Milk secreted by the mother takes care of all the nutritional requirement of the baby till the baby is 5-6 months old. Later, mother’s milk alone cannot meet the growth and developmental requirement of the baby. Hence, supplementary feeding or weaning foods are introduced slowly to the baby.

A well planned nutritious diet for a child can help protect itself against various illnesses. Essential nutrients like proteins, vitamins and minerals are required for a child’s growth and development along with enough calories from carbohydrate and fat containing food. When the infant is about 5-6 months old, strained baby foods based on vegetable, fruits and meat and pre cooked cereal foods are gradually introduced in the feed. Fruit juices provide the required amount of vitamin C. Milk is a poor source of iron and a fair source of thiamine and hence if Egg yolk is included, it provides both these nutrients as it is a fair source of iron and thiamine. Strained vegetables and fruits added in diets from 4th month onwards provide iron, vitamin C and also small amount of indigestible carbohydrates which may also help to prevent constipation.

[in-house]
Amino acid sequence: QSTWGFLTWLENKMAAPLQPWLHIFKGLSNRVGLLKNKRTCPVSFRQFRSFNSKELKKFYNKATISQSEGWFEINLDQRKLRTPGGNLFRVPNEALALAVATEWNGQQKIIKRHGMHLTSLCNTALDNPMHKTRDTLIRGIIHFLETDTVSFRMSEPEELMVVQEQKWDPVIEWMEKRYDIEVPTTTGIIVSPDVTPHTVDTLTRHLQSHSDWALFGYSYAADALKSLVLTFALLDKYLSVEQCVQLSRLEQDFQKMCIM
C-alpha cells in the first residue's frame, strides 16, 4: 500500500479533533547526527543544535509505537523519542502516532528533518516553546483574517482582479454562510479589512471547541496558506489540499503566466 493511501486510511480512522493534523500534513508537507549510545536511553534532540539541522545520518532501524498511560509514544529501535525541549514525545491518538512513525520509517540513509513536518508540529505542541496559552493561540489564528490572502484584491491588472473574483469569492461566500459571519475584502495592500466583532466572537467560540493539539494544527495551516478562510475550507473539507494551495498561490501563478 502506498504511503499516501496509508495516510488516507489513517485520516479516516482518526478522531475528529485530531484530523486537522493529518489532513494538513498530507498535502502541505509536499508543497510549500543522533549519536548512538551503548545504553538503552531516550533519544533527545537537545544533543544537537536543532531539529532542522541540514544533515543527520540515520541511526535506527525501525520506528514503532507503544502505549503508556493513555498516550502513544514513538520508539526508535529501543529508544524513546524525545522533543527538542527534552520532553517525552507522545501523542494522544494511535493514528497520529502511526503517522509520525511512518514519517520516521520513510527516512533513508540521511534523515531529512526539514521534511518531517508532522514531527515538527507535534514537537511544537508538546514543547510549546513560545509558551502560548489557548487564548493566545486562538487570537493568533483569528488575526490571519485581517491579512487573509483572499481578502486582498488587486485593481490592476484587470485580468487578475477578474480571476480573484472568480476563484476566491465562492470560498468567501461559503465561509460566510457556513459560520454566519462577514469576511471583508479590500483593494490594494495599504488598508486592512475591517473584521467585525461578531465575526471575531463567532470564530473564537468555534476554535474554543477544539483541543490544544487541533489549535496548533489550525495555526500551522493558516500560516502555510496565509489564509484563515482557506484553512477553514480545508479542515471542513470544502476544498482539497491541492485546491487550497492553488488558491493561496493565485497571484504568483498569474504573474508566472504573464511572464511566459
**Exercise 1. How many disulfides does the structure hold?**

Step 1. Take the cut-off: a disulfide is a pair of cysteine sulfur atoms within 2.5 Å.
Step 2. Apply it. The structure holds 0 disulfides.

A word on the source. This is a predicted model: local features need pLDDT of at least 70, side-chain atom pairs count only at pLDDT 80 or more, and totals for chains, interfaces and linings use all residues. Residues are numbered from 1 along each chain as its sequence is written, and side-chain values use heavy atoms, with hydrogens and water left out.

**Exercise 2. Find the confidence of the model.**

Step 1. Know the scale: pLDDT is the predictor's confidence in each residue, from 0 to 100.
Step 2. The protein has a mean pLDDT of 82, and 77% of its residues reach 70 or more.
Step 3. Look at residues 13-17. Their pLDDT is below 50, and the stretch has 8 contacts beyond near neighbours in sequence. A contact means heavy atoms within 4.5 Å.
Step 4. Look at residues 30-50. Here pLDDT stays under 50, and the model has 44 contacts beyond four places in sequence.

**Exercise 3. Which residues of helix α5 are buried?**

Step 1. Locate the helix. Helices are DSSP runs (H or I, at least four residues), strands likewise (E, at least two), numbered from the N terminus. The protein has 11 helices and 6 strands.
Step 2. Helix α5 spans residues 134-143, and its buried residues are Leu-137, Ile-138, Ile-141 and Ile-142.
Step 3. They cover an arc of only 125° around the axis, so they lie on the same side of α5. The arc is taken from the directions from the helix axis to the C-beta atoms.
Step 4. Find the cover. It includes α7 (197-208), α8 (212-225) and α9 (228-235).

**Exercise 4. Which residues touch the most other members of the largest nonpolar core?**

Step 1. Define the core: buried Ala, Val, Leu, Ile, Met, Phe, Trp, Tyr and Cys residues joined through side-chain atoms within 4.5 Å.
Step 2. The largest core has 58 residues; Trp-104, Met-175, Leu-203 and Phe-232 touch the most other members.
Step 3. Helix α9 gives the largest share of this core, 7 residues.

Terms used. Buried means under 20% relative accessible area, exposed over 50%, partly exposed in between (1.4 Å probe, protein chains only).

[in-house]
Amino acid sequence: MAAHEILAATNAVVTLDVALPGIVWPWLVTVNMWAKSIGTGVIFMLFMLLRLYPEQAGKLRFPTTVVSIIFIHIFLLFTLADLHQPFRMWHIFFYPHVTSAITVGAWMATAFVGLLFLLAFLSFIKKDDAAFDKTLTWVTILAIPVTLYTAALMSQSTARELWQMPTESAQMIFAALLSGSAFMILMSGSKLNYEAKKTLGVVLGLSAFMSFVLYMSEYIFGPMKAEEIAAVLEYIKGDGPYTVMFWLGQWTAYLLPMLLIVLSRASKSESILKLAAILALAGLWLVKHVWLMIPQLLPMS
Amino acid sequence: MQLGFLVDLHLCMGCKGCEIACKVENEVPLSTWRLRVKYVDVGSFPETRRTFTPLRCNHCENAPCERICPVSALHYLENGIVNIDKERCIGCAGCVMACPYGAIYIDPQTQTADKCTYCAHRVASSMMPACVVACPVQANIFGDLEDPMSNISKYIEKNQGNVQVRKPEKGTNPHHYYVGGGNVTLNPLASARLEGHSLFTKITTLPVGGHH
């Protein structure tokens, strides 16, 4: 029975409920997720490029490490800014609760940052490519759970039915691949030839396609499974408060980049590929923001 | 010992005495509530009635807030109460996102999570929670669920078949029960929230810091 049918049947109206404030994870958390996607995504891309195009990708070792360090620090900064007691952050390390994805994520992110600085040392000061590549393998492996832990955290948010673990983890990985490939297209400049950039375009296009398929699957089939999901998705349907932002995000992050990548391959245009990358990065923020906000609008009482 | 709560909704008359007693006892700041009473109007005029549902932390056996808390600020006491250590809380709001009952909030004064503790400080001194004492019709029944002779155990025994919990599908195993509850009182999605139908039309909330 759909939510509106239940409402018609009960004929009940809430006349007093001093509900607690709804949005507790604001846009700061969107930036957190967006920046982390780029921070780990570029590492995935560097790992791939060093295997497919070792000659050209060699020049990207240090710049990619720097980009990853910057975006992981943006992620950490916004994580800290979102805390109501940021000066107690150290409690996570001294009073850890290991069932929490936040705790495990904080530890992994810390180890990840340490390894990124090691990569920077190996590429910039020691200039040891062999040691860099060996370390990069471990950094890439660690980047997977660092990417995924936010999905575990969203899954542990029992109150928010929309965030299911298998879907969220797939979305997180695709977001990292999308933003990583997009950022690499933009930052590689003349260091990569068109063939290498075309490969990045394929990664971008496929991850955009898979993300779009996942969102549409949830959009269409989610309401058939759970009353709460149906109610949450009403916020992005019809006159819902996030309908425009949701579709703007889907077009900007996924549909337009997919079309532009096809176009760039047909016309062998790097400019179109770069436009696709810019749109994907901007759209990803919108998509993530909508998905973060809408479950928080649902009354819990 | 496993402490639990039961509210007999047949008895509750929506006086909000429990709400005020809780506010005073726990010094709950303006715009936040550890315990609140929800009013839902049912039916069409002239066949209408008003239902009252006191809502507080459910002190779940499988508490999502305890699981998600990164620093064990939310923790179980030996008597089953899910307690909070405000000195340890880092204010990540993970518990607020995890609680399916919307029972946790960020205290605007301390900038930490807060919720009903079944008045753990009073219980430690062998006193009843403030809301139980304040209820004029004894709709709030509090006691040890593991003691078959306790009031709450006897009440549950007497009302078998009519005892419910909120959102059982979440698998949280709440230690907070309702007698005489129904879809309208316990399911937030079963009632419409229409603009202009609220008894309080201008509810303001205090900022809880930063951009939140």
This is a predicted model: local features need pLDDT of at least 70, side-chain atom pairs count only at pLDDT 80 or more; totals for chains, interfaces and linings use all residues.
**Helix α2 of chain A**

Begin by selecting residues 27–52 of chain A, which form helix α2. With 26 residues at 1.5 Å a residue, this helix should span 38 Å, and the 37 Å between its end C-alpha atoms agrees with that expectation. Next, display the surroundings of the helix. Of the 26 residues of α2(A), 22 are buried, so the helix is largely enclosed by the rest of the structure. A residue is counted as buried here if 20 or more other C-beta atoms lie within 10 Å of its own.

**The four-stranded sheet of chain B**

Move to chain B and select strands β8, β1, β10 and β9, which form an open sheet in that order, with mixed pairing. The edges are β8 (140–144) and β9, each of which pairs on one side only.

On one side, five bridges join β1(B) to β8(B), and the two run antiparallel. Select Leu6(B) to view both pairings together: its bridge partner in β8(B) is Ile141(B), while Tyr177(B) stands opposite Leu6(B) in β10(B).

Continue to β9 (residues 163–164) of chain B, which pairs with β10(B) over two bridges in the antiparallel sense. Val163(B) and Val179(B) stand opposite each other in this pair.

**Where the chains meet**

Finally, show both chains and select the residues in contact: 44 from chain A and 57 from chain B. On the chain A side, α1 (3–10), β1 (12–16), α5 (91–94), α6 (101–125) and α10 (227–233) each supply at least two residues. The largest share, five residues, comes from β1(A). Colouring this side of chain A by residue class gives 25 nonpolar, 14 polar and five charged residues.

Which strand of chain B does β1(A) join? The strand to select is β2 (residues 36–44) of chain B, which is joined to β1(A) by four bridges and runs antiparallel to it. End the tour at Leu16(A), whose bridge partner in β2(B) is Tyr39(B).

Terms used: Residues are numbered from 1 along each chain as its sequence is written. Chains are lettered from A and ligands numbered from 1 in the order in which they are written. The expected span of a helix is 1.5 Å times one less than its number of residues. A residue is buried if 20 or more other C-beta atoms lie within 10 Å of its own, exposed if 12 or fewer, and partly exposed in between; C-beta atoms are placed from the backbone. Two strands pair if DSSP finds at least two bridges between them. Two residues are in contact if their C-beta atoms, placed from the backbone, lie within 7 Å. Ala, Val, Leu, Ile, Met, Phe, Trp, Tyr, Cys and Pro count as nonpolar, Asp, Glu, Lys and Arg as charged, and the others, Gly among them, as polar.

Surveys carried out by a large number of workers in developing countries have shown that the diets consumed by a majority of pre-school, school going children and adolescents are deficient in calories, proteins and several essential vitamins and minerals particularly vitamin A, riboflavin, folic acid and iron. When a diet is deficient in vital nutrients the risk of developing deficiency diseases is high and children are also prone to illnesses of various kinds.

A balanced diet containing all the food groups helps solve the problem. Milk and milk products, vegetables, fruits, eggs, meat, fish, legumes and cereals of various kinds, green leafy vegetables, nuts and oilseeds can help provide the children with the needed nutrients for optimum growth. Including fresh fruits, vegetables, nuts, and beans in daily diet not only provides vital nutrients but they are also sources of antioxidants and fibre necessary for immune function.

It is a known fact that even those with access to food often suffer terribly from Undernutrition. Children especially suffer, not only from the direct effects of malnutrition, but from increased susceptibility to disease and other health risks, such as neonatal disorders, diarrhoea, pneumonia and malaria. Low immunity to fight infections, poor hygienic practices is some of the factors for aggravating such situations.